Monday, January 26, 2009

Bicycle Thievery

A lot of you got a text message from me this morning so I just wanted to fill you in on the rest of the situation. And for those who don't know, here's what went down:

I received a phone call at the shop this morning and the caller asked if we bought bikes. We always encourage the person to bring the bicycle in so we can take a look at it. The caller said, "It has Velocity Deep-V wheels and a Tektro brake. I think it's a racing bike." Knowing that most bicycles in Memphis don't have Deep-V's I said, "Go ahead and bring it in; I'd love to take a look at it." After getting off the phone with the caller I sent out a mass text asking about it. Everyone had no idea but Alona replied that Ken's bike had been stolen a while ago. I got Ken's number and called him forewarning that there might be the possibility of recovering his bike. I knew exactly what it looked like because we had built it.

At about 10:45 a guy comes in with Ken's bike. I tell him that I'm going to put it in the stand and check it out and he has a seat on the couch. Hal calls the police and Ken. The police show up in about 10 minutes and ask the guy to stand up and turn around. He shoots me this dumbfounded look as the handcuffs are going on to which I reply simply, "That bike was stolen." He then said that he bought the bike this morning and that he was "just trying to get some extra money for his momma." His mother was actually out in the car and at his request the police went and got her. The verbal melee then ensued: Oh Lord Jesus my baby wouldn't do this countered with he's in posession of stolen property's for about 15 minutes that unfortunately I didn't get to witness firsthand as I was helping another customer.

Ken had also come in to identify the bike and was giddy just to get his ride back. I can't begin to imagine what he was thinking about the situation. As for me, I rode that high of busting a bicycle thief for the rest of the day.

UPDATE: The Commercial Appeal caught wind of this and published a story, along with a nice photo of Ken and his bike.

nbStole1.jpg

Photo by Nikki Boertman for the Commercial Appeal

14 comments:

Kermit said...

Awesome! Good job.

jmgorman said...

Fantastic - glad it sorted out.

Yokota Fritz said...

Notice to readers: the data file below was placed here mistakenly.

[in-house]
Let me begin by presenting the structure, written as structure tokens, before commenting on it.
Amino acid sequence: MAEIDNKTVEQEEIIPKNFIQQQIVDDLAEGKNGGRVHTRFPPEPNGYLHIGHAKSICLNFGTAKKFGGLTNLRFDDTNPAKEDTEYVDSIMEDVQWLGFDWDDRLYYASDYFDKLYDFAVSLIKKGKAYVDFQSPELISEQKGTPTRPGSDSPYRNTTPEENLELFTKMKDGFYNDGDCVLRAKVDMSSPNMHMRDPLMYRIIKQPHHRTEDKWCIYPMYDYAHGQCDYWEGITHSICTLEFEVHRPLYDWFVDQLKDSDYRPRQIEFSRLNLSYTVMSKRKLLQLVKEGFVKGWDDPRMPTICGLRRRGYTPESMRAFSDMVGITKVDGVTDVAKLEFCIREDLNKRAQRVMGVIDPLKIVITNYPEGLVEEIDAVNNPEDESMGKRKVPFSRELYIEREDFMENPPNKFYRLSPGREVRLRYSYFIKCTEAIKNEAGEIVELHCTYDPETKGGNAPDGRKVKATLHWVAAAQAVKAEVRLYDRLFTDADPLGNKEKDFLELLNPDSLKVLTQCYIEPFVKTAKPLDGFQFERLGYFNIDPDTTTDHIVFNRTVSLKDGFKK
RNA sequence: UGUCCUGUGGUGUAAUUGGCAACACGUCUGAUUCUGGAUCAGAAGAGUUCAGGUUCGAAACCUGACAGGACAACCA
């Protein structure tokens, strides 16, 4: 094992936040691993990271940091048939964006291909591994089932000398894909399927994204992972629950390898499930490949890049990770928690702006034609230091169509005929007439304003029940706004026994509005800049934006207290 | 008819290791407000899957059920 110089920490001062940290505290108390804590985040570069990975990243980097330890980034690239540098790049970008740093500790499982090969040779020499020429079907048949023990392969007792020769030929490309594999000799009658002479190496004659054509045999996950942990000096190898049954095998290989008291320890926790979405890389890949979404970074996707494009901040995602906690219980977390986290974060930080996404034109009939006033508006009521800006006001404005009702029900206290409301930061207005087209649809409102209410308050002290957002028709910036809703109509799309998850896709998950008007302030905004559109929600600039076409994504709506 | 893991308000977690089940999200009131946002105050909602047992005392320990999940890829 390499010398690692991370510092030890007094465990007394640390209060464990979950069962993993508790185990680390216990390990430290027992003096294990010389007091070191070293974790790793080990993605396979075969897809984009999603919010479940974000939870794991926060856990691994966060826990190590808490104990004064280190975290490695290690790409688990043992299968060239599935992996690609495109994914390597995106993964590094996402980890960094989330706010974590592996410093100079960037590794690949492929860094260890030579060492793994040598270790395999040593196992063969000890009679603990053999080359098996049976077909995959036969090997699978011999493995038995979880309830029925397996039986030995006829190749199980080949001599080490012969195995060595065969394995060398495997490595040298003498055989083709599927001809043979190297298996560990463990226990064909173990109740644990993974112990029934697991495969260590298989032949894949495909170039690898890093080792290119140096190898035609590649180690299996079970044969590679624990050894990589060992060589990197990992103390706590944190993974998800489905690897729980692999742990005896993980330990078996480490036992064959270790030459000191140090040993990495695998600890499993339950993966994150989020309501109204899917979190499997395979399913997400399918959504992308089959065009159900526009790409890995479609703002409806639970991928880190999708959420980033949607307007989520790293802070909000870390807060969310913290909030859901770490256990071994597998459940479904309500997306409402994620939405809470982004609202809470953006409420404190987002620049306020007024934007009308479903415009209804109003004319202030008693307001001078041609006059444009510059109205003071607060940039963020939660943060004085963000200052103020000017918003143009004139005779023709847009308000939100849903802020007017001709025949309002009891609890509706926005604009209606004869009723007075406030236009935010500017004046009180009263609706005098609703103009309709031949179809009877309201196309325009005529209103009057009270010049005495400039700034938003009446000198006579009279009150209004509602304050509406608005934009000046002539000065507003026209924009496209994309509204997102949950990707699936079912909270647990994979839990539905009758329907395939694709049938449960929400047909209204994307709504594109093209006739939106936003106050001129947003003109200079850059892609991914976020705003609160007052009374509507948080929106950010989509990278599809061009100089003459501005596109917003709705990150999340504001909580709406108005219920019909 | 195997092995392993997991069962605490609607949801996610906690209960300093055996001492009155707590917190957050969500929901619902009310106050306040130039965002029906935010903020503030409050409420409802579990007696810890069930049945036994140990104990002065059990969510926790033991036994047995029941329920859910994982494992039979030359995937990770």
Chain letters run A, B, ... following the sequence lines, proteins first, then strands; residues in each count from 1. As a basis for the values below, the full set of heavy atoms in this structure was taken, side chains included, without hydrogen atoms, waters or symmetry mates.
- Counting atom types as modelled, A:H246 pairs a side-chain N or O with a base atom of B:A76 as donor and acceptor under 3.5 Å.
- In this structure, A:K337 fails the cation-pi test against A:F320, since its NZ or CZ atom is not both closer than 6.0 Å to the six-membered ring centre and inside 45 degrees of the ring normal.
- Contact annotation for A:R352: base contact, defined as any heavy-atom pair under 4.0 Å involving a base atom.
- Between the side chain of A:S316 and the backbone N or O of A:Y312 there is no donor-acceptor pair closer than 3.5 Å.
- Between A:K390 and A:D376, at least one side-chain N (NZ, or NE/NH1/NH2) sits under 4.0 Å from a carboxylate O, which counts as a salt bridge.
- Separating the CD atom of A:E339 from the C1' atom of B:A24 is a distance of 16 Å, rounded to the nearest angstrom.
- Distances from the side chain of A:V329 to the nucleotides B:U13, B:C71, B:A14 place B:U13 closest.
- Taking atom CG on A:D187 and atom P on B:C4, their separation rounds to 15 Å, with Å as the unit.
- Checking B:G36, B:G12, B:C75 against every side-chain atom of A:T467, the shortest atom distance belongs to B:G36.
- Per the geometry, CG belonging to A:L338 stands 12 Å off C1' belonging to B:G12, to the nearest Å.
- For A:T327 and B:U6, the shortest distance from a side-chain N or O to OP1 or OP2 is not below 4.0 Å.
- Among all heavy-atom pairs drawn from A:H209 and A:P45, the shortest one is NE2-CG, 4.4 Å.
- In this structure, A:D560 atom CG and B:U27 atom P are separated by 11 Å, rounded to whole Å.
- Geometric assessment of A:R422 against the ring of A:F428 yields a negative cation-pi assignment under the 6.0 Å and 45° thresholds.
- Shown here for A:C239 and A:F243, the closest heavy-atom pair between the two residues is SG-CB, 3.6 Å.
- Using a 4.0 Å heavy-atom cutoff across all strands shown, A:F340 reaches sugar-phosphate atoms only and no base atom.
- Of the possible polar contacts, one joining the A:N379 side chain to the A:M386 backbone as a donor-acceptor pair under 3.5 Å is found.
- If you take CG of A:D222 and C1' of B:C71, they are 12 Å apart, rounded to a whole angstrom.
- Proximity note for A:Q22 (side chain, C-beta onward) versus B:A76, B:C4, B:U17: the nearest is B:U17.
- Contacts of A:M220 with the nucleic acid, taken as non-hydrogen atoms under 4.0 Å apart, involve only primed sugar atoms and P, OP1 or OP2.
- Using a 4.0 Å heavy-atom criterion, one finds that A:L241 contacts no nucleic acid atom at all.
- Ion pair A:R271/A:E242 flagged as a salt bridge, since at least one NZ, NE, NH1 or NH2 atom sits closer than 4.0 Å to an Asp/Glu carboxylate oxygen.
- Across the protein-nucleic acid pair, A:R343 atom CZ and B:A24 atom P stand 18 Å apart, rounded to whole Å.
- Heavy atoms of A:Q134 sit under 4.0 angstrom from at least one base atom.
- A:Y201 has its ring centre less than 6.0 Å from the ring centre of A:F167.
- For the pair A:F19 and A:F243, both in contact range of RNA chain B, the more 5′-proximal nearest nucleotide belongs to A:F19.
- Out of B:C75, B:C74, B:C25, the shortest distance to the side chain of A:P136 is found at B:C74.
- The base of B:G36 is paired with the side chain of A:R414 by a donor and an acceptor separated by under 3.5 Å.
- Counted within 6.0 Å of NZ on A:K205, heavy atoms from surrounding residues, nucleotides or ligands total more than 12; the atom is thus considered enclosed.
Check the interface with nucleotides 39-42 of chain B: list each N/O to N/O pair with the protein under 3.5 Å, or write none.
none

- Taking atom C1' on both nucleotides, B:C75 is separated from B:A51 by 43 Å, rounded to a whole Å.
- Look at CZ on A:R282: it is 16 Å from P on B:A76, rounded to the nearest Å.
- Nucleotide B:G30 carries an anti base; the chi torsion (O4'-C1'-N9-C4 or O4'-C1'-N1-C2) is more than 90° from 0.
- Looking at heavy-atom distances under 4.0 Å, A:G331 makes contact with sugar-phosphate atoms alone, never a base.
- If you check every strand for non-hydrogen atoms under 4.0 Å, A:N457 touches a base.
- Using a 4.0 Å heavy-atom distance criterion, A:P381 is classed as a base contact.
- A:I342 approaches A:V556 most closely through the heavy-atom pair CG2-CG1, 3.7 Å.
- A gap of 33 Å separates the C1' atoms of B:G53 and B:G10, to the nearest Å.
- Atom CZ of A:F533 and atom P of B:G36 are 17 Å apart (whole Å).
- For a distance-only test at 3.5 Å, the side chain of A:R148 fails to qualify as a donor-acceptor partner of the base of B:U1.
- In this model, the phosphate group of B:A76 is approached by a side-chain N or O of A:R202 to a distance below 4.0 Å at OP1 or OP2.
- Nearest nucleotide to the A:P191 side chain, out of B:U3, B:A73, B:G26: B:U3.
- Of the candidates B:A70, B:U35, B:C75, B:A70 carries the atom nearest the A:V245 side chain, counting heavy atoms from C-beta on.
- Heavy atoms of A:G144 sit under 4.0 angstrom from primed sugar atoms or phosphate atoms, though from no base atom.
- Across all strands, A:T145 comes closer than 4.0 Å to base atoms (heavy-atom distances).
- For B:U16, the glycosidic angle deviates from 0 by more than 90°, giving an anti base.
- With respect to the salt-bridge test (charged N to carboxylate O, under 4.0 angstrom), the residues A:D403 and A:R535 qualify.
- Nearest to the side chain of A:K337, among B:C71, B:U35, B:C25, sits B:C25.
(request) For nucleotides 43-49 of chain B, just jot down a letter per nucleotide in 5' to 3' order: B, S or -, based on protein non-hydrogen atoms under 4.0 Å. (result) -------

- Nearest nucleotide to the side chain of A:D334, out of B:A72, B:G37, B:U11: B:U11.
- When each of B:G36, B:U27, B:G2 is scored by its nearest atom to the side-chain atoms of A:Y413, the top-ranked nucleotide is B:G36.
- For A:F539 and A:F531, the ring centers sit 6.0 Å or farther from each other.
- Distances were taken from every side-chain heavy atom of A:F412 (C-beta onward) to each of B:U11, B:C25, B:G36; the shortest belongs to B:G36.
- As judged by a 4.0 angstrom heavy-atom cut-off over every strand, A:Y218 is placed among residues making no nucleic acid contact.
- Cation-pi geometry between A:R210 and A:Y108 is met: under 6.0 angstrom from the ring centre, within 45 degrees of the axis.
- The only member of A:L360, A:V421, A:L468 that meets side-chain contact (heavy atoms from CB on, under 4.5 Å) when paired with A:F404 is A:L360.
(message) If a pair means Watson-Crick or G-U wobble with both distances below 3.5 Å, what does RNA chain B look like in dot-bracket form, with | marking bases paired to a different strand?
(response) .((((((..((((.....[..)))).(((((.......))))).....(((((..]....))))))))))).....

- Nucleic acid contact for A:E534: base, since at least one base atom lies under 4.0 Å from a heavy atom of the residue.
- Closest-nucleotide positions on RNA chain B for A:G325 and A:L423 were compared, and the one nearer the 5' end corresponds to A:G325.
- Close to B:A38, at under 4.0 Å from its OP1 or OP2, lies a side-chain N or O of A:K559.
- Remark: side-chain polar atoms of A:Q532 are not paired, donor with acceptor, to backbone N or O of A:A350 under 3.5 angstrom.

Nice story!

FMAD said...

haha. that's awesome! great acting Cort!

jmgorman said...

So, can I play the devil's advocate and ask, what if this guy really did just buy it from someone? I know the penalties for possessing stolen property are somewhat less than actually having stolen something, but it seems there was a presumption that the guy was actually the one who stole it.

Could the matter have been handled differently and still resulted in a returned bike?

Yokota Fritz said...

Josh, I had a similar thought especially since the bike was "stolen a while ago." I've seen stories on Craigslist in San Francisco where somebody buys a bike from a streetcorner for an amazing price then gets busted when he tries to resell it on Craigslist.

So maybe the guy is an innocent idiot -- a real bike thief would know not to take his stolen wares to a bike shop, fer crying out loud -- and in any case it's very likely he was released with no charges against him, though he now has an arrest record and, if he indeed bought the bike, he's out the cash he spent on it.

Caveat emptor.

Fix Memphis said...

The guy did have a previous record, however the police were willing to work with him in such case that his story was legit. All he would have to do is tell the police from whom he bought the bike; if that proved fruitful then I'm sure there would be no problem. If he bought it from a pawn shop then they would have a record of who sold it to them.

SiouxGeonz said...

'round here, a fella broke in and swiped a fast bike ... then painted it a bit and what have you... and took it back to the same shop when it needed work, "some time later."
The shop manager made him work off the money.
Heard the story from a friend who'd been told it in the bike shop by the thief, who became a regular shopper there and I reckon was leading a productive life, though that's an assumption. SHop manager had a bit of experience with the bowels of the justice system, which I suppose is why he was reluctant to send a human near its grinding gears. (We were at his memorial service and lots of tales were told.)

jmgorman said...

Cort - You're probably right about the police. When I recovered a stolen bike several years ago, the police gave the guy every opportunity to demonstrate that he was merely a duped buyer of the bike. In the end, he insisted that he had purchased the bike himself years before my bike was stolen (and went to jail for a year because of it).

I'm not saying you handled it poorly (quite the opposite, a bike was returned to its owner with relatively little drama), I'm just wondering out loud. A lot of us traffic in used parts and bikes and, with the amount of bikes that are stolen every year, I wouldn't be surprised if any of us took part at one point or another.

jmgorman said...

Unwittingly, of course.

Fix Memphis said...

Josh, as it so happens that is the situation that Ryan is in right now. I built a bike for Matt Kime last year which was stolen one night from the P&H (we can probably still find the post on this blog). A month or so ago it turned up at Midtown Bikes missing most of its components. Denis had no idea so sold it to Ryan. I recognized the bike and now Matt and Ryan are trying to work the situation out.

jmgorman said...

Wow, so Matt might get his bike back - that would be awesome. That was a great bike - I hate to hear that it was torn down.

Kermit said...

"...gave Percer a special satisfaction."

That just sounds dirty...


And a short video of a poser...
http://www.youtube.com/watch?v=dPDtmhK9U4Q&e

Roco said...

Poor momma, had to see her dumb ass son in action.